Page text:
Make peer feedback part of your PACS, urges RCR

2014 06 11 08 44 48 207 Doctor Telephone Advice 200

All radiology information systems (RIS) should have a package that allows peer feedback on reports in a time-efficient fashion, and new RIS/PACS must include an integrated quality assurance (QA) module or provide a facility for electronic integration to a bespoke system, according to new guidance from the U.K. Royal College of Radiologists (RCR).

"Peer feedback should be supported within the clinical governance framework of the department and become part of the radiologists' routine clinical practice; and as such should be recognized in job plans," the authors noted. "A single system of categorizing discrepancies for the purposes of shared learning which is clearly defined and understood should be used."

They think all departments should aim to implement systematic review of 5% of reports within the next four years, and the RCR intends to audit this in 2015 to assess the progress made. A QA level of more than 5% may be required for some retrospective audits analyzing specific parameters, e.g., where accurate discordance rates are needed for a specific subgroup of examinations, such as on-call CT.

Peer feedback should be carried out through a number of processes in a structured framework integrated with multidisciplinary team meetings, discrepancy meetings, and clinical audit, they continued. The validity of radiologist scoring of discrepant reports has been increasingly called into question, but categorization of reports can help to highlight common pitfalls, systematic issues that need addressing, up-skilling needs, etc., according to the authors of the new document (Ref No: BFCR[14]10).

"Peer feedback, as part of the QA program, should be used by radiological service providers to monitor and evaluate their own performance, with the aim of improving quality and patient safety," they wrote. "Until the information from such a system is mature, benchmarking between departments is not advocated as there will be a number of compounding variables that could render the process of little benefit and could potentially produce erroneous conclusions."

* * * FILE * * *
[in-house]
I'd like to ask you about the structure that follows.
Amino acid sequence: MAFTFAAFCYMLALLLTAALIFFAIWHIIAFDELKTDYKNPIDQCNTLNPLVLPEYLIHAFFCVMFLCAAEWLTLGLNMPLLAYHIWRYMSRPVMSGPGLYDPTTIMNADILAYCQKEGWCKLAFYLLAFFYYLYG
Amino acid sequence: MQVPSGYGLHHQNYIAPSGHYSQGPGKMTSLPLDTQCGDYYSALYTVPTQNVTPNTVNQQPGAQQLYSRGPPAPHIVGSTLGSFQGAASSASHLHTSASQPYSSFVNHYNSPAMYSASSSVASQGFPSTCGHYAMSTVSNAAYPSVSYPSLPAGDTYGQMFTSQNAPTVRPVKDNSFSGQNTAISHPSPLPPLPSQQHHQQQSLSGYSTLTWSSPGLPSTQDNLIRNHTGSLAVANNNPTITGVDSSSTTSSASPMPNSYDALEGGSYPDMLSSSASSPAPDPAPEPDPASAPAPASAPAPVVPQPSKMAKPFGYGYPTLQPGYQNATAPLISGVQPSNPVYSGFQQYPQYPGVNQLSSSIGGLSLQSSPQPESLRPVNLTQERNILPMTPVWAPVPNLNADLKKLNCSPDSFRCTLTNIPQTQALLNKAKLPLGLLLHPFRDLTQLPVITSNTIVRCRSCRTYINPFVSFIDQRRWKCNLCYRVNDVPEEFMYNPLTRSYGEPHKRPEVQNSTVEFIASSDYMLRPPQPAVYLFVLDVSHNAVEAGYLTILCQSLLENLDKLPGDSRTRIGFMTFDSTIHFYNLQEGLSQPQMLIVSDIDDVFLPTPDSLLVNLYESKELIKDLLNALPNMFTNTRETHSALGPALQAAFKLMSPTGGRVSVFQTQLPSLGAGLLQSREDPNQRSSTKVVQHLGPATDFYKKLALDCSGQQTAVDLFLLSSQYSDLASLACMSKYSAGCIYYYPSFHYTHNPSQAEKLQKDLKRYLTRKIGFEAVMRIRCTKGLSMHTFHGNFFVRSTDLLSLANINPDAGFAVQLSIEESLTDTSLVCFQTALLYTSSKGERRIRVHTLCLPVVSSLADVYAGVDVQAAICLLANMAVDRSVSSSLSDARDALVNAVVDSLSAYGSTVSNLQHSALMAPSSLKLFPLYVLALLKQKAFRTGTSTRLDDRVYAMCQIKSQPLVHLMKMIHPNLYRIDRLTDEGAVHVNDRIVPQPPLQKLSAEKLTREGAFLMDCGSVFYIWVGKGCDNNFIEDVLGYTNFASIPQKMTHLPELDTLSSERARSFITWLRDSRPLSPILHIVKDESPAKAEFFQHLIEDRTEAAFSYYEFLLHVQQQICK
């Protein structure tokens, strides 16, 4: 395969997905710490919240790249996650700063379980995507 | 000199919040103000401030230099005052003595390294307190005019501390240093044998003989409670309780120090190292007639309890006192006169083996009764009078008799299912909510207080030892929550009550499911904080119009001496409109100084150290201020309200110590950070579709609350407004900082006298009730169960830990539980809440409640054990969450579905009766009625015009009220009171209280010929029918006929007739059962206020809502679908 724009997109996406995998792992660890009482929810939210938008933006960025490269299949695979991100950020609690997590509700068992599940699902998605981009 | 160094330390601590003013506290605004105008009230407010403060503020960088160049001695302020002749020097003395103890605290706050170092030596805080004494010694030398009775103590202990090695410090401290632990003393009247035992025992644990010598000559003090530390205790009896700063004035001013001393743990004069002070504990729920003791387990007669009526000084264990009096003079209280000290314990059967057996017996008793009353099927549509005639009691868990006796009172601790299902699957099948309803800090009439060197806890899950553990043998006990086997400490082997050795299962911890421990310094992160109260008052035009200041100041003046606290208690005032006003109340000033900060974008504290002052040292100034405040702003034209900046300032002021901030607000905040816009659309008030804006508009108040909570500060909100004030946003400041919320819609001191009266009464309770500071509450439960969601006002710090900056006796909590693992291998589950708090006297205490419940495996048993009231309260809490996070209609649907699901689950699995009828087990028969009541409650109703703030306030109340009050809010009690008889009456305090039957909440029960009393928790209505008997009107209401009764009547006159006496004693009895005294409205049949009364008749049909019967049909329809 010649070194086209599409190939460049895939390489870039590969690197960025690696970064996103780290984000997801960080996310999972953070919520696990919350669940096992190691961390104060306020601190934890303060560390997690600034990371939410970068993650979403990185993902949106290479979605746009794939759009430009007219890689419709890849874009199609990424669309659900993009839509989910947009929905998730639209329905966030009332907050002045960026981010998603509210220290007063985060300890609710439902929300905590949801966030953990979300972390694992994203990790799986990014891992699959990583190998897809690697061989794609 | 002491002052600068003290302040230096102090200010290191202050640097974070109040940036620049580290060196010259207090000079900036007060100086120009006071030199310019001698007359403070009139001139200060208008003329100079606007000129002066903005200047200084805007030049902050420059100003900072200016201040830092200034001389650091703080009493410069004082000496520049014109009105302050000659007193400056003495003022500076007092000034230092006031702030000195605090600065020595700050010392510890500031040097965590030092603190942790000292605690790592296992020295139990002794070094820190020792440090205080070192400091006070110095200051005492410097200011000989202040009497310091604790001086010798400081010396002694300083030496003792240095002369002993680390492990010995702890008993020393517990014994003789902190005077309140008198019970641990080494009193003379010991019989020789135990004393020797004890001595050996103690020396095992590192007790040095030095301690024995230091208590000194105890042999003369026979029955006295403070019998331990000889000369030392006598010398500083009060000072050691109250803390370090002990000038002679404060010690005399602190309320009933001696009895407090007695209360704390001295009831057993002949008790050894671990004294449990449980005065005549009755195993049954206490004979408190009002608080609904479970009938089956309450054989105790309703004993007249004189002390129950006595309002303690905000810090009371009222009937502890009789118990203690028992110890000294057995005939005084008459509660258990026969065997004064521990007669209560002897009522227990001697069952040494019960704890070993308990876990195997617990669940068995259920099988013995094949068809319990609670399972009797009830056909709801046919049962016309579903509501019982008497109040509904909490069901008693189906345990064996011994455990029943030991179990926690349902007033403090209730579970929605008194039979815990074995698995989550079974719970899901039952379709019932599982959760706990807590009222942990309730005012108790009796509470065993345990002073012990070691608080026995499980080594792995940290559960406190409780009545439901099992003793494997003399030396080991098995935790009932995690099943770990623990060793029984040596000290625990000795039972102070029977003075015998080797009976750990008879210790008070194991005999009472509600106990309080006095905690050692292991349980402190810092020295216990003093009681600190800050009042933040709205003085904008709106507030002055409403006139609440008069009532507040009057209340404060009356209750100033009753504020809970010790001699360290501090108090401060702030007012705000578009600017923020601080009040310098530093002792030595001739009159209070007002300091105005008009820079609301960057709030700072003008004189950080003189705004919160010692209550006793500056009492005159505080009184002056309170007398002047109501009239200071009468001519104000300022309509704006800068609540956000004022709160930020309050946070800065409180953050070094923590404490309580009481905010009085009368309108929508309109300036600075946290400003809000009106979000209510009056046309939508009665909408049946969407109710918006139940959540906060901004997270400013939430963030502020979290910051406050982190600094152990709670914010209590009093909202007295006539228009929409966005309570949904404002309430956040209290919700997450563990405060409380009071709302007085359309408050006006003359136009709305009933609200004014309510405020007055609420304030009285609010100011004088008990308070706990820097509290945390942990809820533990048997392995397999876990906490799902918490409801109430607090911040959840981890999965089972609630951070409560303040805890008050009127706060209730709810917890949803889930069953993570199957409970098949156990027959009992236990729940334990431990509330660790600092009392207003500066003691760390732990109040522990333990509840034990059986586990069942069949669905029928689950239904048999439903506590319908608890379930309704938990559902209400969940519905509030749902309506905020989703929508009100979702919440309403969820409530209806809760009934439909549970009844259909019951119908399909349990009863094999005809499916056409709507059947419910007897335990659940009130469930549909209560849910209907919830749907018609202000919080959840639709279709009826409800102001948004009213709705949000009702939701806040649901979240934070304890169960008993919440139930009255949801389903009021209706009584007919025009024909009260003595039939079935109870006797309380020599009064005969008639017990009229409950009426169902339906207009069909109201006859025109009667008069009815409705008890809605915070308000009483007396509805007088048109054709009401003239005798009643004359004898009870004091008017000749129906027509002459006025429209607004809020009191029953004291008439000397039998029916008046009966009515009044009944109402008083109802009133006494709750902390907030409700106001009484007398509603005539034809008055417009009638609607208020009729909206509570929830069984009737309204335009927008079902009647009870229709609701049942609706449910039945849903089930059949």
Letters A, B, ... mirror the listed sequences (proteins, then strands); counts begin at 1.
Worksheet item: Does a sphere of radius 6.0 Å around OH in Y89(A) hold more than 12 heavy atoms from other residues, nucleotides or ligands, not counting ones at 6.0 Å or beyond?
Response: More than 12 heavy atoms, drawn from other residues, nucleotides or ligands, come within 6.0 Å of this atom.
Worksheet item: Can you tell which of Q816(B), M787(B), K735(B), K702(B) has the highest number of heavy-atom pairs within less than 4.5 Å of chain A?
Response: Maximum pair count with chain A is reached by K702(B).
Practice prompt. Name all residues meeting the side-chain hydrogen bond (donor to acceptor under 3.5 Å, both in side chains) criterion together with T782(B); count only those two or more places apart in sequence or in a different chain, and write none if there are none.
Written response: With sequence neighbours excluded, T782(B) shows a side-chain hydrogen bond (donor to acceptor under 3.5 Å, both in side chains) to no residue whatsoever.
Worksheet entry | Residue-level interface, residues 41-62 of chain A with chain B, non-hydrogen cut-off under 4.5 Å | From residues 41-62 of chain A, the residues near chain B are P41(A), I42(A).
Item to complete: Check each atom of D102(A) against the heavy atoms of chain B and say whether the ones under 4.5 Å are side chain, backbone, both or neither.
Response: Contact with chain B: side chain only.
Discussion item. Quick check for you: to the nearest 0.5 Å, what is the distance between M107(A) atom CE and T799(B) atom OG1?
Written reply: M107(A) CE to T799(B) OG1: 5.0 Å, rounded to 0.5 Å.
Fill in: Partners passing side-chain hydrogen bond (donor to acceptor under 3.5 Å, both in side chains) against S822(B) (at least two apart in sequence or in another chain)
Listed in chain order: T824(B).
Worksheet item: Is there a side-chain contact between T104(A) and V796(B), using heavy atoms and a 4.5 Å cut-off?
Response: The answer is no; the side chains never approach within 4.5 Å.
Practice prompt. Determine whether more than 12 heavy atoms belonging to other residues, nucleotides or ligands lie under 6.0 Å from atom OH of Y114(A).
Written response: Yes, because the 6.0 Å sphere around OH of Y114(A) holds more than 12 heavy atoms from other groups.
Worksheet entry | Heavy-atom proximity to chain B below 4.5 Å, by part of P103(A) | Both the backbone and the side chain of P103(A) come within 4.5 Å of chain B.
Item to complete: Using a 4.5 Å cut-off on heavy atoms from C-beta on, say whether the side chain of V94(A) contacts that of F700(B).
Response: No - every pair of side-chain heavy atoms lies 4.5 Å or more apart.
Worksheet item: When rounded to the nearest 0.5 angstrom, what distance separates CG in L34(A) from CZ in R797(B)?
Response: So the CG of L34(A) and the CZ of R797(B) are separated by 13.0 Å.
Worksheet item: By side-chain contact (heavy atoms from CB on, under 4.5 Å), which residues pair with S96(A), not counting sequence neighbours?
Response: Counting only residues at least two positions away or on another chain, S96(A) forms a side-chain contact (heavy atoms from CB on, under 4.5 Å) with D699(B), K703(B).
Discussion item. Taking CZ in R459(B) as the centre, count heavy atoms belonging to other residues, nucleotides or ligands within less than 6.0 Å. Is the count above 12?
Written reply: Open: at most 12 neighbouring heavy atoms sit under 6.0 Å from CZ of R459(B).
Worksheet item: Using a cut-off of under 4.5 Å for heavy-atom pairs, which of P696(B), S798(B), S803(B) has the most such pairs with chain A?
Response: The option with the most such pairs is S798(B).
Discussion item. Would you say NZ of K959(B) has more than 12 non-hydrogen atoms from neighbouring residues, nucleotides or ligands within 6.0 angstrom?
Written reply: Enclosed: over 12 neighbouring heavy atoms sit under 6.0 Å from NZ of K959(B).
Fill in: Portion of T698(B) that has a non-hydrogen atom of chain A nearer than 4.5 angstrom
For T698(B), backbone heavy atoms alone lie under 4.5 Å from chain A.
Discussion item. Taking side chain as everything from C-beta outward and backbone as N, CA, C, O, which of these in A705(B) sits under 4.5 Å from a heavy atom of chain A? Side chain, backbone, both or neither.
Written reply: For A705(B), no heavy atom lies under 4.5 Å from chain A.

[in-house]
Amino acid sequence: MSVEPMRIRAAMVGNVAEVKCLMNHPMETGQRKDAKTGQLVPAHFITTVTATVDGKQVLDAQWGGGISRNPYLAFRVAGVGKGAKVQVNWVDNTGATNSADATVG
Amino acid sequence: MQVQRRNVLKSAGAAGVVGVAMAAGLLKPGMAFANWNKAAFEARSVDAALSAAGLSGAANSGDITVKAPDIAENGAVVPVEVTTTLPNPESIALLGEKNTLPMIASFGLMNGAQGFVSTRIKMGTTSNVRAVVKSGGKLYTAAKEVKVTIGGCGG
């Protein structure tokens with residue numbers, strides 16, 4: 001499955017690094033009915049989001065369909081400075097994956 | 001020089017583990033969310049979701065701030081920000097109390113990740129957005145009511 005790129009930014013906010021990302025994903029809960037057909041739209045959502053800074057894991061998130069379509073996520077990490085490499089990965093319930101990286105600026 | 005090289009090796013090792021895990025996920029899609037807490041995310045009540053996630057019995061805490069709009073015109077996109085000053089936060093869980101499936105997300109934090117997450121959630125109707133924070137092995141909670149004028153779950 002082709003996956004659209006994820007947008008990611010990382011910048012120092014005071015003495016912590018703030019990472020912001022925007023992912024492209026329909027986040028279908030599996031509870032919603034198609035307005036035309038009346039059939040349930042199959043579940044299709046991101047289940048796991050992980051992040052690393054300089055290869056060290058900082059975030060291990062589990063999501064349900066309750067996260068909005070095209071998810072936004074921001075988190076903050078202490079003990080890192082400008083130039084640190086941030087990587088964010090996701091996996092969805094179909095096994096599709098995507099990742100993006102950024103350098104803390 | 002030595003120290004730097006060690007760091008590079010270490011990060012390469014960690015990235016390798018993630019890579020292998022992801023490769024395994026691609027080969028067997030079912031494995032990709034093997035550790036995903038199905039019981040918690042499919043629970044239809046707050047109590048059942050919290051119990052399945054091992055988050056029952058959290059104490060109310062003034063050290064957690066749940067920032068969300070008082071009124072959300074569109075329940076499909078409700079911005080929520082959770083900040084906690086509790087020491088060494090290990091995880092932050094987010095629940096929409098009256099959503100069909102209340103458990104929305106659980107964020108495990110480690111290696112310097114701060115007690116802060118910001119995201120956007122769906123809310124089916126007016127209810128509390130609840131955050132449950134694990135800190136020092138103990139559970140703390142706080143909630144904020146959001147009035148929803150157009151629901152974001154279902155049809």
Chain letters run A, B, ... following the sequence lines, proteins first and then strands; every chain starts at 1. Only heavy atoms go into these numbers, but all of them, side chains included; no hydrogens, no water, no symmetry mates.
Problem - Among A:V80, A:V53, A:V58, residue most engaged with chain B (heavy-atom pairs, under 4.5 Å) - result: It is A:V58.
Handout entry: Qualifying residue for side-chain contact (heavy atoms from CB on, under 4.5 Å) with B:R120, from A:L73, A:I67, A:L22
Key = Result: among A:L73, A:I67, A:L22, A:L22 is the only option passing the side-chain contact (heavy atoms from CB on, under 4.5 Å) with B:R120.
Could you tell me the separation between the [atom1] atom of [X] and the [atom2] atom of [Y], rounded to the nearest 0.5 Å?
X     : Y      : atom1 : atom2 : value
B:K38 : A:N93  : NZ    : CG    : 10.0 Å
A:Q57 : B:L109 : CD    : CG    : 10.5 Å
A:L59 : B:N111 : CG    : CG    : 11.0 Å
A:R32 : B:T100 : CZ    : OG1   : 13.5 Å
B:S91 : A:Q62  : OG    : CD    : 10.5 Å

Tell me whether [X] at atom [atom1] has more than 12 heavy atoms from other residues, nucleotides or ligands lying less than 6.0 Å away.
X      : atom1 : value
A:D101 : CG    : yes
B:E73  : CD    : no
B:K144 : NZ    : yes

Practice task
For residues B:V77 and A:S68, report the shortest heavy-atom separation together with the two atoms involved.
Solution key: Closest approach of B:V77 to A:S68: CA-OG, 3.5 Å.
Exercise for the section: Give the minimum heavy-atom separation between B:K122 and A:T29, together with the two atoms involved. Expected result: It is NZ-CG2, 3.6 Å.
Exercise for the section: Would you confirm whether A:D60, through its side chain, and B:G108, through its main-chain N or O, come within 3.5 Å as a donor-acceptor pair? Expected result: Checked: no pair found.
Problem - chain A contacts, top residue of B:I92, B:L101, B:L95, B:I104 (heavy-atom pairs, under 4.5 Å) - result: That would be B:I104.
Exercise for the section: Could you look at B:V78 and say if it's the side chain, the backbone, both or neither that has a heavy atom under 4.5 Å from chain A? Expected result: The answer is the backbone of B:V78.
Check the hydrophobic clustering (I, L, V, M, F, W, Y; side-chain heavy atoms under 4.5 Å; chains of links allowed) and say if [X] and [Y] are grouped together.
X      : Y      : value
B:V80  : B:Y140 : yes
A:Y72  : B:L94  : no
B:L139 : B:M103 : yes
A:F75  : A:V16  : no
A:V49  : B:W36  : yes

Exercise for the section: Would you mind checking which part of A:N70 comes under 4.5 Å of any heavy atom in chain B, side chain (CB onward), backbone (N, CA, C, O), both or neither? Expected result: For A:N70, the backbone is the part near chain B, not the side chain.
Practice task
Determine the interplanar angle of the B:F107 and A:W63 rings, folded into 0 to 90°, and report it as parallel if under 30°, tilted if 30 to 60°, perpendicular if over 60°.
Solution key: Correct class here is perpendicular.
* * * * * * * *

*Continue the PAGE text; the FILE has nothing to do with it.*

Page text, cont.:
Furthermore, the QA program should be integrated into the provider organizations' clinical governance process, with particular reference to serious untoward incident reporting.

Abuse of peer feedback, such as using it for bullying colleagues, must be avoided, and if performed in a supportive learning environment, it can improve patient care and contribute to the evidence for providers and users of the service, noted Dr. Pete Cavanagh, the RCR's vice president for clinical radiology in his foreword to the document.

"Radiologists, like all doctors, need to demonstrate objective assessment of, and reflection on, their practice," he wrote. "Peer feedback can be used as one of the tools to provide this evidence, but also, more importantly, as a result of an individual's review of discrepancies and adverse events, peer feedback has the potential to change professional practice and, in some instances, job plans."

Cavanagh believes the report sets standards for peer feedback, but accepts this is an evolving process and the guidelines will require reviews and updates. He suggests reading the document in conjunction with two other RCR publications: "Standards for learning from discrepancies meetings," and "Cancer multidisciplinary team meeting -- standards for clinical radiologists."

The 18-page document on the peer feedback guidelines can be downloaded for free from the RCR website. For more details, click here.

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